Hi! This post is probably better-suited to my research blog, but it’s having a technical blip right now, so it’s going here instead. Also, it’s #procjam right now!
Tonight there are two things circulating my Twitter feed: the creative joy of the Procedural Generation Jam, and a Medium post about the horrors of semi-automated YouTube kids videos. I recommend reading the Medium post, but to reduce the relevant bits down (massively) it describes a kind of nightmare scenario brewing on YouTube, where algorithms churn out bizarre and disturbing videos based on trends and popular characters, which in turn lead human creators to warp their content to suit, and all of it is poured into an algorithm-sorted mess that kids wade through every day.
— Kate Compton (@GalaxyKate) November 6, 2017
This led Kate Compton to reflect on both our tendency to immediately reduce things down to trivial generative systems, and the throwaway nature of human labour. Right now, hundreds of people are making generative systems for PROCJAM – are we part of a problem which is slowly consuming the Internet? Are we feeding an engine that both eats up humans and spits out unedited chaos?
I had a number of inspirations for starting The Procedural Generation Jam, and a number of them come from an analogy I often draw between generative systems and photography. You see, in the early days of photography not many people were allowed to take part. You had to be a part-time scientist to understand all the processes involved, you needed a lot of money and spare time, and that meant that a very small group of people had access to this idea.
As it grew, more people were able to access the technique, and we found new uses for it: journalism, science, education, art. By making this complex process accessible, people from different backgrounds could take it and find new and more impressive uses for it. This is one of PROCJAM’s goals: to get people using generative techniques in new ways, and find new, more beautiful uses for it.
Photography’s slow walk to ubiquity also had a darker side. As it became better-known, photography was understood to be a way to record real events, but this imperfect understanding enabled a lot of people to do fairly awful things with it. One of its first proponents faked his own death. People used it to prove the existence of fairies, to show that they could summon spirits, to verify the existence of monsters and mythical animals. People knew enough about photography to benefit from it, but not enough to protect themselves from it.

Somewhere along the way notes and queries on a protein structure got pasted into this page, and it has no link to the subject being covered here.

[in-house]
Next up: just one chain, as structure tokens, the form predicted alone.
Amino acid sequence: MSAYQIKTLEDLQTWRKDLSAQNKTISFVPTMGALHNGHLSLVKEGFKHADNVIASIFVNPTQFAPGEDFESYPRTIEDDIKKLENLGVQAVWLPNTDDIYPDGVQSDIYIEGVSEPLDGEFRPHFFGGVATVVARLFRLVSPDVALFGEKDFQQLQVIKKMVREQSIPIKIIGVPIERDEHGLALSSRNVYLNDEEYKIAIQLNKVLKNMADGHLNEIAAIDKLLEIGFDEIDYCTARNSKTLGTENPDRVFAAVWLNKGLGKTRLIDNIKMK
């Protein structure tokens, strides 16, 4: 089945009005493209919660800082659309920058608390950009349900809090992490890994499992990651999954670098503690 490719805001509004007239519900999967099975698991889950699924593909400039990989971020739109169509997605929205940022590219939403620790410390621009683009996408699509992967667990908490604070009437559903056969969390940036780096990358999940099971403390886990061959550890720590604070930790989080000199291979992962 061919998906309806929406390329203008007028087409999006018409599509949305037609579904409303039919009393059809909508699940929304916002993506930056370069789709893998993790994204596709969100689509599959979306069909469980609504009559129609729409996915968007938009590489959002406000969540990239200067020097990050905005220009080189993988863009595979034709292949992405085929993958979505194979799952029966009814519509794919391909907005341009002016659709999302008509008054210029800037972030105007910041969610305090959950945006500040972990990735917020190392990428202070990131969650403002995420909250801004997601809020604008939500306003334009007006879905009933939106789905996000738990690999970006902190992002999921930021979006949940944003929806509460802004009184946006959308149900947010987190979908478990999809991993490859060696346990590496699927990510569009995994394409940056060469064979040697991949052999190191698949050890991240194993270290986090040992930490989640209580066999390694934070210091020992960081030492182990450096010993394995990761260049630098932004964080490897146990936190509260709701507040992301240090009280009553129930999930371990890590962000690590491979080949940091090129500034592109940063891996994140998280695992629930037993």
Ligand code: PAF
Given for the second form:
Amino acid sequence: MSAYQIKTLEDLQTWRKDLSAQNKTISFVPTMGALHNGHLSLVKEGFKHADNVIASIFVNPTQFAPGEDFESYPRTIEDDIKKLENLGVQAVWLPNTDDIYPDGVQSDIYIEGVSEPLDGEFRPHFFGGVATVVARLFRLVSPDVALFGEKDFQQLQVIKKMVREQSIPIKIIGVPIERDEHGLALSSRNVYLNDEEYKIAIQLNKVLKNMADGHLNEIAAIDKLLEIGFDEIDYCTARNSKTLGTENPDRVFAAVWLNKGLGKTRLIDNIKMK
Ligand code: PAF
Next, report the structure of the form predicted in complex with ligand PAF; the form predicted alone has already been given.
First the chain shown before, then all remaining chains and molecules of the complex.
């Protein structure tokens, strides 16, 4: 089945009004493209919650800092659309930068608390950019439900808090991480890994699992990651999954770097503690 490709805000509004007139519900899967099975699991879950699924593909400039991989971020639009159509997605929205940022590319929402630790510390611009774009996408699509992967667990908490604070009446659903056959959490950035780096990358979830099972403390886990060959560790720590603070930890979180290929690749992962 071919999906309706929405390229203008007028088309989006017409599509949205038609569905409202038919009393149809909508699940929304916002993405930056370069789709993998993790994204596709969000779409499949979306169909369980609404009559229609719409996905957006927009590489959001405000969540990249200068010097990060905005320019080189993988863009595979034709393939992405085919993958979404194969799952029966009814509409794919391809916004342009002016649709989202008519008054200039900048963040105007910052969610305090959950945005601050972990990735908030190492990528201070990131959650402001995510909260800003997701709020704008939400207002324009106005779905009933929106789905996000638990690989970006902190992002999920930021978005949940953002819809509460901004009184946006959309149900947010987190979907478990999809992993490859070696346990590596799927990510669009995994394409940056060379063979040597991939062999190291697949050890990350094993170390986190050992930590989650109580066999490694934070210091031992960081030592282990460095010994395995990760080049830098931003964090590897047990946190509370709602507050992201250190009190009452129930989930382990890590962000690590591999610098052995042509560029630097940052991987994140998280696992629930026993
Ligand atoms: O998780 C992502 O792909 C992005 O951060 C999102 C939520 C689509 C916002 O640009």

What solved this problem? Well, a bunch of things, but undoubtedly one of those things was helping people understand the processes by which these images were made, and giving them the power to make them. Cameras and development became more commonplace, people understood how to overlay images or touch them up after the fact. We see the same cycle today with Photoshop: first, it caused chaos; then people understood it; finally, people harnessed the power for themselves. Now we edit photos on our phones as we take them, before sharing them with others.
I see PROCJAM as part of an effort to enact this change for generative software. By bringing people the resources, the tools and the space to make generative systems, they can take ownership of the concept and understand their strengths and their weaknesses. Right now only a few hundred people enter PROCJAM, but ultimately we should all be working to make these ideas accessible and fun for people to try. In doing so, we popularise these ideas and rob them of some of their incapacitating power.
None of these things will solve YouTube’s terrifying content problem overnight – but few things will solve the myriad problems faced by a monopolistic corporation whose employees worship algorithms. If we want to look for positive, optimistic outcomes, we should ask ourselves how we can help society defend itself against generative chaos, and simultaneously harness that same power to build better spaces and find more positive uses for this new, ultimately promising, ability.
Alright, that’s all for me. I’m actually working on Rogue Process this week for my PROCJAM entry – I’m trying out a new generative technique inspired by Spelunky! Hopefully I get something to show before the end of the week. Thanks for reading, and don’t forget to check out the awesome jam when it’s done!